Years of war have destroyed Eritrea's health care system, and recurring droughts after independence have worsened the situation. With independence, the country faces the difficult task of providing national health care.

Most medical facilities are concentrated in Asmara, leaving the rest of the country without adequate care. Even in Asmara, hospitals are understaffed and under-equipped. The government has launched a program to decentralize health care and medical facilities, including setting up medical care centres between villages. Yet the challenges of providing adequate staff and equipment continue. Private health care is also available in Eritrea, but is very expensive.

Malaria afflicts many Eritreans, especially on the coastal plains. Dengue fever is also prevalent, and according to the United Nations, HIV infection has been spreading. The government has launched a grass-roots program aimed at HIV prevention.

One of the biggest problems facing Eritrea is the size of its displaced population. Over half a million Eritreans sought refuge in Sudan during the war of independence. Afterwards, most of them returned to Eritrea, but lacked homes and resources. The sudden influx of refugees put severe pressure on the existing infrastructure and health care facilities. Within the refugee community, malaria, meningitis and cholera are common; there is also a high incidence of diarrhea, respiratory and skin infections, and many people suffer from malnutrition. The Ministry of Health has taken steps to address these problems among displaced persons by constructing hospitals and network clinics, but the border dispute with Ethiopia has slowed improvements.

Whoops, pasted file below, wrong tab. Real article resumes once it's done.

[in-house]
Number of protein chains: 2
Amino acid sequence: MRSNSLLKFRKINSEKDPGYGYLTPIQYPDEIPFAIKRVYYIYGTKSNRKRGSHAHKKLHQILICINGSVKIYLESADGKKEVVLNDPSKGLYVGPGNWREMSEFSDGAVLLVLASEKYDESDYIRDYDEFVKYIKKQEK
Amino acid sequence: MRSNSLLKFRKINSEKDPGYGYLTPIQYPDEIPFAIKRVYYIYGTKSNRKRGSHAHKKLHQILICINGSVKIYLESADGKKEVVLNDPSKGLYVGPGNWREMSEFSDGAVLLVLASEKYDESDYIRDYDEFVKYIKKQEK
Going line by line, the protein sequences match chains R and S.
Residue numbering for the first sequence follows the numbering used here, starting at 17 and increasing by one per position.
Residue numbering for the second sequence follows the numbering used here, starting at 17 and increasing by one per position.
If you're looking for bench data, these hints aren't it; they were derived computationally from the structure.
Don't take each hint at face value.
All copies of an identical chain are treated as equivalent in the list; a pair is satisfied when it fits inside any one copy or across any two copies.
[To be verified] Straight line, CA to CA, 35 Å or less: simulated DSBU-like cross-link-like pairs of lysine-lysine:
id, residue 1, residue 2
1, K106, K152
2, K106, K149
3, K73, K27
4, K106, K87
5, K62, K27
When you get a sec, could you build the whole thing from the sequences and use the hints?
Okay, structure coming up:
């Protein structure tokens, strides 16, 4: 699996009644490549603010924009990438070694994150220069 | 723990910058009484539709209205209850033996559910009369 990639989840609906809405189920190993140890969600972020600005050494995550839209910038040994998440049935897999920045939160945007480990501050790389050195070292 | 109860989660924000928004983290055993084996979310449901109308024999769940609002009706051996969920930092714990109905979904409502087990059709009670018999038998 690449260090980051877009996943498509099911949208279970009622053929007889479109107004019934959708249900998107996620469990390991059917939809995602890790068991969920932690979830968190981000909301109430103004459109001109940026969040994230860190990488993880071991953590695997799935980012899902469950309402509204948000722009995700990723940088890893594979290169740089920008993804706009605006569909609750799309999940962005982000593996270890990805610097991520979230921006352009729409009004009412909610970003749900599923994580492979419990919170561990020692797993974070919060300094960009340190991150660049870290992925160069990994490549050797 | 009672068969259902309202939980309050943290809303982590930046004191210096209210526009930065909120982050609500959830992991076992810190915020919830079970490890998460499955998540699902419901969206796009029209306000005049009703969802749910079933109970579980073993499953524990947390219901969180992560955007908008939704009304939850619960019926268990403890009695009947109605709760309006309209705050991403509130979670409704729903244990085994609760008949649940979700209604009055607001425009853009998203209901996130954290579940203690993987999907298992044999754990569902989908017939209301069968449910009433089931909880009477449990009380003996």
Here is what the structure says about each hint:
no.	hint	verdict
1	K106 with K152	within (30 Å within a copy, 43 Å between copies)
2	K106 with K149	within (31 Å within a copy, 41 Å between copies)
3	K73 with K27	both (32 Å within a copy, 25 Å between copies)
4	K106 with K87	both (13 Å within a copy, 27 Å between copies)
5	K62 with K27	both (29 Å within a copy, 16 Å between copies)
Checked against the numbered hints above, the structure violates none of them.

In the absence of an adequate medical system, Eritreans depend on traditional medicine. Traditional healers use medicinal herbs and other local ingredients to treat both diseases and common sicknesses. People also use home remedies. For example, eucalyptus leaves are boiled in water and the steam inhaled to help fight congestion, while for children, the herb rue is ground with warm oil and rubbed on the chest. Onion and garlic fermentations are used as antibiotics.

Healers do not take any monetary form of payment: patients compensate for services by giving food or clothing, and sometimes even jewellery.

  Did you know?
Rather than going to a doctor or hospital, many Eritreans prefer taking a dip in a maicholot, one of the country's numerous hot springs that are believed to cure sickness.